“This legislation is bad policy for North Carolina. Conducting executions is the most extreme expression of the state’s power and should be done in an open and transparent process,” said Ballard Everett, coordinator for NC CCADP. “Making secret the way in which our state obtains the drugs needed and conducts executions practically guarantees that NC will join states around the country that have seen horribly botched executions.”

“Even the bill’s sponsors have admitted passage of H774 would invite more costly litigation,” said Everett. “Why then are they committed to wasting more tax payer dollars by creating more issues that have to be litigated in courts?”

Should executions resume, Governor Pat McCrory will be the final reviewer of death row cases slated for execution. If the Governor signs H774, he will be facing what will likely be a problematic execution process that will inevitably lead to horribly botched executions. Everett said, “Gov. McCrory should not be placed in this position by the General Assembly. The process should be open and transparent to ensure that any execution is carried out correctly and with dignity for all of those involved.”

“We urge the Governor to veto this legislation. If our state is going to engage in capital punishment, we cannot do so by cloaking the execution process in secrecy.” Everett said

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Commentary

In case you missed it, the Fayetteville Observer had this to say this morning about the dreadful proposal to expedite executions and keep the drugs used to do the dirty deed a secret:

“The legislative urgency to get North Carolina back into executing murderers has reached a fever pitch that looks a lot like bloodlust. It’s an ugly spectacle.

A bill approved by the state Senate late Monday would cast a shroud of secrecy over executions and could end physician participation in them….

This attempt to obscure the execution process comes at a time when serious questions are being raised about the death penalty, including two justices of the U.S. Supreme Court wondering in an opinion this year whether the death penalty is constitutional.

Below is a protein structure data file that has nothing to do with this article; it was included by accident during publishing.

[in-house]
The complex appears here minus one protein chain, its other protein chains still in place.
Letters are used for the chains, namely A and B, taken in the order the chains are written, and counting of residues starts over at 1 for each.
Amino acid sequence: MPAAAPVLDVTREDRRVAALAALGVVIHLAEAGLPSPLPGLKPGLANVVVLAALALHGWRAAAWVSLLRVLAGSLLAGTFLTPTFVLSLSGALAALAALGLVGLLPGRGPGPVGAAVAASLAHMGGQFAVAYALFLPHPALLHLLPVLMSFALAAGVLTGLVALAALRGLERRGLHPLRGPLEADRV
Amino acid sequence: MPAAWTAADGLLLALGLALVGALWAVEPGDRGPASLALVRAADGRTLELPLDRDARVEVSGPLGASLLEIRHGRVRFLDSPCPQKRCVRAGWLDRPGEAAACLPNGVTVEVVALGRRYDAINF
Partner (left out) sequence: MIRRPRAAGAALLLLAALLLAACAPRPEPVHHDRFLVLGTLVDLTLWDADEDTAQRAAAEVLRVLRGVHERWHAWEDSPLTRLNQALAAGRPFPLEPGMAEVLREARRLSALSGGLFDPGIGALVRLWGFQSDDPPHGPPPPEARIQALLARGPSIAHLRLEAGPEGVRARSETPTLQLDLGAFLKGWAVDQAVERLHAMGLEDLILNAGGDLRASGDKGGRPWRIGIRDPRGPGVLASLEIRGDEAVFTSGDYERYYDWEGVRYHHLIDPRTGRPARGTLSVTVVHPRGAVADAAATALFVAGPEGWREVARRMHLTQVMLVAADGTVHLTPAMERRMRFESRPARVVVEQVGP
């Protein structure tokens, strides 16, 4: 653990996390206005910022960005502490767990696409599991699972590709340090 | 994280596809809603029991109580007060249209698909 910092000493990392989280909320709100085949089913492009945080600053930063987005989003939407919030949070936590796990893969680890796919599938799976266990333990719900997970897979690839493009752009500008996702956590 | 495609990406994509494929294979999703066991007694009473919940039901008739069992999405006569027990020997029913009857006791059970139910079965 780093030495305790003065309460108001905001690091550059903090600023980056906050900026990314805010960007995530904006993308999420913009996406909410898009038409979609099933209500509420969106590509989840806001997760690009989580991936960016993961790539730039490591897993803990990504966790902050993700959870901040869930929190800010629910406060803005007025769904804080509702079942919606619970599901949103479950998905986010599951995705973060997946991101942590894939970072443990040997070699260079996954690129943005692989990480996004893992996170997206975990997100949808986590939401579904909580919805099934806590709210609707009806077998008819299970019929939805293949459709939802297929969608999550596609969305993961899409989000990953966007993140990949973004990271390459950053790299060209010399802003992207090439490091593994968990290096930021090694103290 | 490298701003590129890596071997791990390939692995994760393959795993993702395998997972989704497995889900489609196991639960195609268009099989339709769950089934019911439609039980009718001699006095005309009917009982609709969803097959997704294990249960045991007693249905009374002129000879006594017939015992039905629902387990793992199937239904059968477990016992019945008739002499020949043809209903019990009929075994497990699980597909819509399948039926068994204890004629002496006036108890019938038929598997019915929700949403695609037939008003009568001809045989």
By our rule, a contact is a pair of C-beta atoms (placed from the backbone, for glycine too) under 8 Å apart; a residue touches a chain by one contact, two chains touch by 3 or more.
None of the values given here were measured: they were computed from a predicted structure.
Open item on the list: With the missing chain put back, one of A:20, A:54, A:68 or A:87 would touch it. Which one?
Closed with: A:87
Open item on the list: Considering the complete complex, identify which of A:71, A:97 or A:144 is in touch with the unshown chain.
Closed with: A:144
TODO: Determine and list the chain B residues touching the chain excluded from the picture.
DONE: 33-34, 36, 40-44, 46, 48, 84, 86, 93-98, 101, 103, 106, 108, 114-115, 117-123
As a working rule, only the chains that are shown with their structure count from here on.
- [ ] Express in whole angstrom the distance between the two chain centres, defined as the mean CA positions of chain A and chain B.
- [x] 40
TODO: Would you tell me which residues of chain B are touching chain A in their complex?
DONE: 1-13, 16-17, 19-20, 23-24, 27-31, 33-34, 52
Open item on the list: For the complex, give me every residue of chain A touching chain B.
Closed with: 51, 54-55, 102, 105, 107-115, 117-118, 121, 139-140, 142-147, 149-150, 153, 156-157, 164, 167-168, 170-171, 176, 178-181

That debate will surely continue, and it should. We need thoughtful discussion of the issue and whether we’re imposing a fair sentence or simply seeking revenge for a terrible crime.

What we don’t need is a General Assembly slicing away at reasonable public understanding of the state’s execution protocols, instead choosing to wrap it all in secrecy.

We’d like to believe it’s still our government, not the personal property of a privileged few in the halls of state government.”

Meanwhile, Raleigh’s N&O put it this way yesterday:

“When the government is putting someone to death in the name of the people, the people have a right to know how it is being done.

But in a macabre and all-too-quick march toward resumption of the death penalty in North Carolina, Republican lawmakers are doing all they can to restart executions stalled since 2006 with a measure now in negotiation between the House and Senate that would drop a requirement that doctors be present at executions. The legislation also would keep confidential the drugs to be used in lethal injection executions.

This is a horribly misguided idea….

The death penalty is the one penalty that can’t be corrected. And DNA testing has revealed that some inmates convicted of crimes that could have brought the death penalty have been innocent. Rather than put executions on a fast track, North Carolina should abandon them altogether.”

Sadly, the bill passed the House today and will be sent to Governor McCrory shortly.